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  • Writer's pictureJoe Pace

Player of Games, #6: Axis & Allies


Sadly, when playing Germany, there is no option to search for the Ark of the Covenant or the Holy Grail

Analogy time: Axis & Allies is to Risk as San Francisco Giants Barry Bonds is to Pittsburgh Pirates Barry Bonds.


Steroids, folks. Juiced. All jacked up.


If you need your world domination in under and hour, go back to your brisk game of Risk. Not for the faint of heart (or busy of schedule), Axis & Allies takes longer to set up than Risk does to play. Set in 1942 with the world at war, this magnificent monstrosity of a board game has five main antagonists. Three Allied powers (the United Kingdom, the Soviet Union, and the United States), and two Axis (Germany and Japan). The map of the globe is divided into nations and regions, and covered with belligerent troops, tanks, ships, and aircraft. You know happens next. This game is ideally played between two people (one taking the Allies and the other the Axis) or five (with each player taking one power), though anything in between is manageable. Each turn involves moving instruments of war in ways aggressive, defensive, or strategic, as would be intuitive. But part of what makes this game so great is that there is an added economic contest afoot. Your goal is to possess sufficient IPCs (Industrial Production Certificates) that you are able to choke your foes out with might both military and monetary.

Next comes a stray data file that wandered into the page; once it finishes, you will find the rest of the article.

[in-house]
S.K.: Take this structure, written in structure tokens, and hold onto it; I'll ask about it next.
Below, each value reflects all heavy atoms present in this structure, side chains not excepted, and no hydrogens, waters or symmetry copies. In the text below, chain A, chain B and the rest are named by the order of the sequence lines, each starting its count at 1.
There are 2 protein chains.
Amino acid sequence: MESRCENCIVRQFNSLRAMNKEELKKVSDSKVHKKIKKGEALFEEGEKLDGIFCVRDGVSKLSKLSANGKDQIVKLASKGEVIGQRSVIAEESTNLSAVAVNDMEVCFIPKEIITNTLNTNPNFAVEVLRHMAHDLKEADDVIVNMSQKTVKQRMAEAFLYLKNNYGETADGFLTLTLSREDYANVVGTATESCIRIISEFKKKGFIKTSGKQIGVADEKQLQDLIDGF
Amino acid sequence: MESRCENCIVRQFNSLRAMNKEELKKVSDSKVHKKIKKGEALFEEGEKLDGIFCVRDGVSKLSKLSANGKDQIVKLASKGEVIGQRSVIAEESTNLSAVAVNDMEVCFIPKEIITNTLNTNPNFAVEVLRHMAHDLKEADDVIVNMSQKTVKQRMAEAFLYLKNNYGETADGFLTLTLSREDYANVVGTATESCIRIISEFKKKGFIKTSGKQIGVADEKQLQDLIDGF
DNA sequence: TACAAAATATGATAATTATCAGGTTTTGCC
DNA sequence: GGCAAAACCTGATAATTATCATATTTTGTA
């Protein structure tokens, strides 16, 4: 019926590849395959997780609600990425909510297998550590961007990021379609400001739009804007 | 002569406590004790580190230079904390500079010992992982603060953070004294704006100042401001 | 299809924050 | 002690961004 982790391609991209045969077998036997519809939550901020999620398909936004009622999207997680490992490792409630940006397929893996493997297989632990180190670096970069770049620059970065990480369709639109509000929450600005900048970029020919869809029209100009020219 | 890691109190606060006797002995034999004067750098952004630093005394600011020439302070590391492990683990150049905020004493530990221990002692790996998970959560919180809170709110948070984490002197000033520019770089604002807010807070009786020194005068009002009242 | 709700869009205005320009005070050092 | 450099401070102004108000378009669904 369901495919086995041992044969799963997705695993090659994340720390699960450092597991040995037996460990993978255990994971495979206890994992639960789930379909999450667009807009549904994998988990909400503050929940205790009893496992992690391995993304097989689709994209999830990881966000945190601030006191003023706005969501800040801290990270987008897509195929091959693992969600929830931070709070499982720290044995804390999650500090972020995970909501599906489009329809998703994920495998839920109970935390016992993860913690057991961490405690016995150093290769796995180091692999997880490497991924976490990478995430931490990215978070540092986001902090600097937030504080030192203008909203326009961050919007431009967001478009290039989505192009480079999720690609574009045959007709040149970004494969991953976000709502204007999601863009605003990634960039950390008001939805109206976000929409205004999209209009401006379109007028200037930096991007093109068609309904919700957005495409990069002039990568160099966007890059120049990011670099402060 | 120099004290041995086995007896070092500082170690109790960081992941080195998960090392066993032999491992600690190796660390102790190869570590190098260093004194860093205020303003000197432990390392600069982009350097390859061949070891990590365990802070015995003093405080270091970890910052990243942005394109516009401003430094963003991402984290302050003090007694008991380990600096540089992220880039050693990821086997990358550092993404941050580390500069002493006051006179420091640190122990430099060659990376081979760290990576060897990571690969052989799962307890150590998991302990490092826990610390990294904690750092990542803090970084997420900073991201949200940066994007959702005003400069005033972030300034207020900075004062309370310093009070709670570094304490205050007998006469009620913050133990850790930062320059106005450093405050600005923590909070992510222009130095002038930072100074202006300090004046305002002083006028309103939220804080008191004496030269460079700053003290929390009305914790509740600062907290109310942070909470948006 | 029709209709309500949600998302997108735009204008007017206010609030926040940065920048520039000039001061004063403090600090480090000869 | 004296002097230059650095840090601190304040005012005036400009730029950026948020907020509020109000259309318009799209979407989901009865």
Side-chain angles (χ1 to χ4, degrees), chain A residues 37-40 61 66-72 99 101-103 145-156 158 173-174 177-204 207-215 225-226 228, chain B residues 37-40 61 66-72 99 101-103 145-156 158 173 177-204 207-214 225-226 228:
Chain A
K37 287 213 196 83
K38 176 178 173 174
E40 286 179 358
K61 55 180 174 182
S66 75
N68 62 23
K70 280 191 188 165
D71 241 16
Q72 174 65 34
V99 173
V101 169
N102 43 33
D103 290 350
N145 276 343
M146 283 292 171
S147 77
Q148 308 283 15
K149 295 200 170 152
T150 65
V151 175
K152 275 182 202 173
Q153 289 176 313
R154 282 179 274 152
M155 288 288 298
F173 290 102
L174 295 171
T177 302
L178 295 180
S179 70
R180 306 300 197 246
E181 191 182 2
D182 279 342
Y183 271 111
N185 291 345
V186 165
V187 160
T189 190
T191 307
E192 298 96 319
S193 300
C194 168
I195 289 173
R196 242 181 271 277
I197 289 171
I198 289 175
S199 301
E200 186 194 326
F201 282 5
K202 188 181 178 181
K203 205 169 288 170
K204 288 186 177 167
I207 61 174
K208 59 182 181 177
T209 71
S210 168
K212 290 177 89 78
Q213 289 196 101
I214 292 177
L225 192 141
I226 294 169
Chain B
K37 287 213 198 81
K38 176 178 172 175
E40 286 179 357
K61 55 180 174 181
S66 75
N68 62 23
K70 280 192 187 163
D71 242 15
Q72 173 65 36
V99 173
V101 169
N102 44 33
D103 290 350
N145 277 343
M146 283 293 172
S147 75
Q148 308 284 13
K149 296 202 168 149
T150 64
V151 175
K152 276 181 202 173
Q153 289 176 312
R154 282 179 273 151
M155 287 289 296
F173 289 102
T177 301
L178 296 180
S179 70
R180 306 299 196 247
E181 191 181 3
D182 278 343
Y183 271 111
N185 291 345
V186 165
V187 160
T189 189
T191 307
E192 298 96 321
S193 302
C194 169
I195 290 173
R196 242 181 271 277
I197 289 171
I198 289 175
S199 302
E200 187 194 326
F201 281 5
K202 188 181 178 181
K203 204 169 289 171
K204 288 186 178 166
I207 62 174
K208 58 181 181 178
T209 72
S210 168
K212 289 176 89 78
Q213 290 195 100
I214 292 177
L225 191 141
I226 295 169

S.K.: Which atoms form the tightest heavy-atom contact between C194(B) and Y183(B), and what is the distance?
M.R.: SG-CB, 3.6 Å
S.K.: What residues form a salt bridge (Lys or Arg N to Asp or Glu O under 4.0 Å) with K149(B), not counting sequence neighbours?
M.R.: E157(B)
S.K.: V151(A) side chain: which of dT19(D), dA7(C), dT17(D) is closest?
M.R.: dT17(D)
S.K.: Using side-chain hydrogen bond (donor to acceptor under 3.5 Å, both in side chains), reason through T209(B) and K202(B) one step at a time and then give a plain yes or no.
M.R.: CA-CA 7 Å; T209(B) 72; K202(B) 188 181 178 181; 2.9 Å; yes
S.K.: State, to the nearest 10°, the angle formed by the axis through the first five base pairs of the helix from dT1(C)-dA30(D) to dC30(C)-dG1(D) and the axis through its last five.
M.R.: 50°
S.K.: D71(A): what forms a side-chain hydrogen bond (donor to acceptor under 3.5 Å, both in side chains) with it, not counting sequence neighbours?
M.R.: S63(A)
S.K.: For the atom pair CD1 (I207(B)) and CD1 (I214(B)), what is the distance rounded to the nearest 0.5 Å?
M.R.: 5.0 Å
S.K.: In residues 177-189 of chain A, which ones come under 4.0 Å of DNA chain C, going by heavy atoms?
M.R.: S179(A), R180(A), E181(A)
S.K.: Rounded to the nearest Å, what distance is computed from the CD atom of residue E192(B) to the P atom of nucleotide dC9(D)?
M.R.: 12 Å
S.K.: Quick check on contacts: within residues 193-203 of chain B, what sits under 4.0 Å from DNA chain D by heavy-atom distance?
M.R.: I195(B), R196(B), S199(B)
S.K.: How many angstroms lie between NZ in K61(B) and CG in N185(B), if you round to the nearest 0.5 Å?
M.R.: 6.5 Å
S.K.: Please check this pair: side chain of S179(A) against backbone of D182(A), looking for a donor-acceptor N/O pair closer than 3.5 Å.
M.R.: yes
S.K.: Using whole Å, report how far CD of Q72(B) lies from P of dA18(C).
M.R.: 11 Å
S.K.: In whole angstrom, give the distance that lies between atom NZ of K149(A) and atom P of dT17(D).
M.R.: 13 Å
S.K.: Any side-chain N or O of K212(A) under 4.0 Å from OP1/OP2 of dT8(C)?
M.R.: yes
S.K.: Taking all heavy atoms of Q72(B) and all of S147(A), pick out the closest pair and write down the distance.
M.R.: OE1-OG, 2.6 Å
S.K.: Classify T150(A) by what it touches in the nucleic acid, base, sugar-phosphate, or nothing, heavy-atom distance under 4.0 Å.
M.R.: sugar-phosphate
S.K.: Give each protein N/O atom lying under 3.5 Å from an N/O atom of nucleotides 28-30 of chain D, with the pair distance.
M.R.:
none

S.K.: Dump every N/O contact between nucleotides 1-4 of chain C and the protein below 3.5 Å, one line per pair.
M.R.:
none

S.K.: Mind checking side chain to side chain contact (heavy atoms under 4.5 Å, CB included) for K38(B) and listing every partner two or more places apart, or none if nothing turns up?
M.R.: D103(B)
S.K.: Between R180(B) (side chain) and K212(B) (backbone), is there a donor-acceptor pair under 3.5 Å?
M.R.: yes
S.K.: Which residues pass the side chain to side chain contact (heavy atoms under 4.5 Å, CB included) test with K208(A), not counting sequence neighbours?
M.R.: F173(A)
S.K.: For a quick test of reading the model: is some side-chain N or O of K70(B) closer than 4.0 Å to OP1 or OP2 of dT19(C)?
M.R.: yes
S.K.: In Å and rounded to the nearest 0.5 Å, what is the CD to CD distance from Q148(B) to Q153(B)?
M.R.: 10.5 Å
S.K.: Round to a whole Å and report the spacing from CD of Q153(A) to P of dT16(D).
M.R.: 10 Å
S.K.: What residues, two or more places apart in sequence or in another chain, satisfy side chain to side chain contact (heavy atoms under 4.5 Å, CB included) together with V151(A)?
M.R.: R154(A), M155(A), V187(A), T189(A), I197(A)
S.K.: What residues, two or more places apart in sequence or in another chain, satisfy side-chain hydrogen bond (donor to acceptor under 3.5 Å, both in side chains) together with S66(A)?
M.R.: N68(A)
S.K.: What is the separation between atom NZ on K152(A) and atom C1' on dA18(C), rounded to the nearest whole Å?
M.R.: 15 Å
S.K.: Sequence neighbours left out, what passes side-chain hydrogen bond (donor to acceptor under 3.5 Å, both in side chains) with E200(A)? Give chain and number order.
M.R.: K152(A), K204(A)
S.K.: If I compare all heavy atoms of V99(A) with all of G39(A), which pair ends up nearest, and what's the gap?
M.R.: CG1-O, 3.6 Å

This is yet another game my brother and I played with friends, though I also have memories of sleepover parties where we would play all night - mostly because if you made the rookie mistake of dozing off, you might not find all of your armies or aircraft carriers where you left them. The board becomes so littered with plastic totems and territory markers that it also was not unknown for a player in an untenable position to mistakenly bump into it. Or so I've heard...


Axis & Allies was a commitment, sort of like Monopoly or modern marriage, frequently undertaken but rarely seen through to the end. The most frequent outcome of all three was for one player to become frustrated, tired, or simply bored, throw their hands in the air, and quit.


Sort of like Hitler did.



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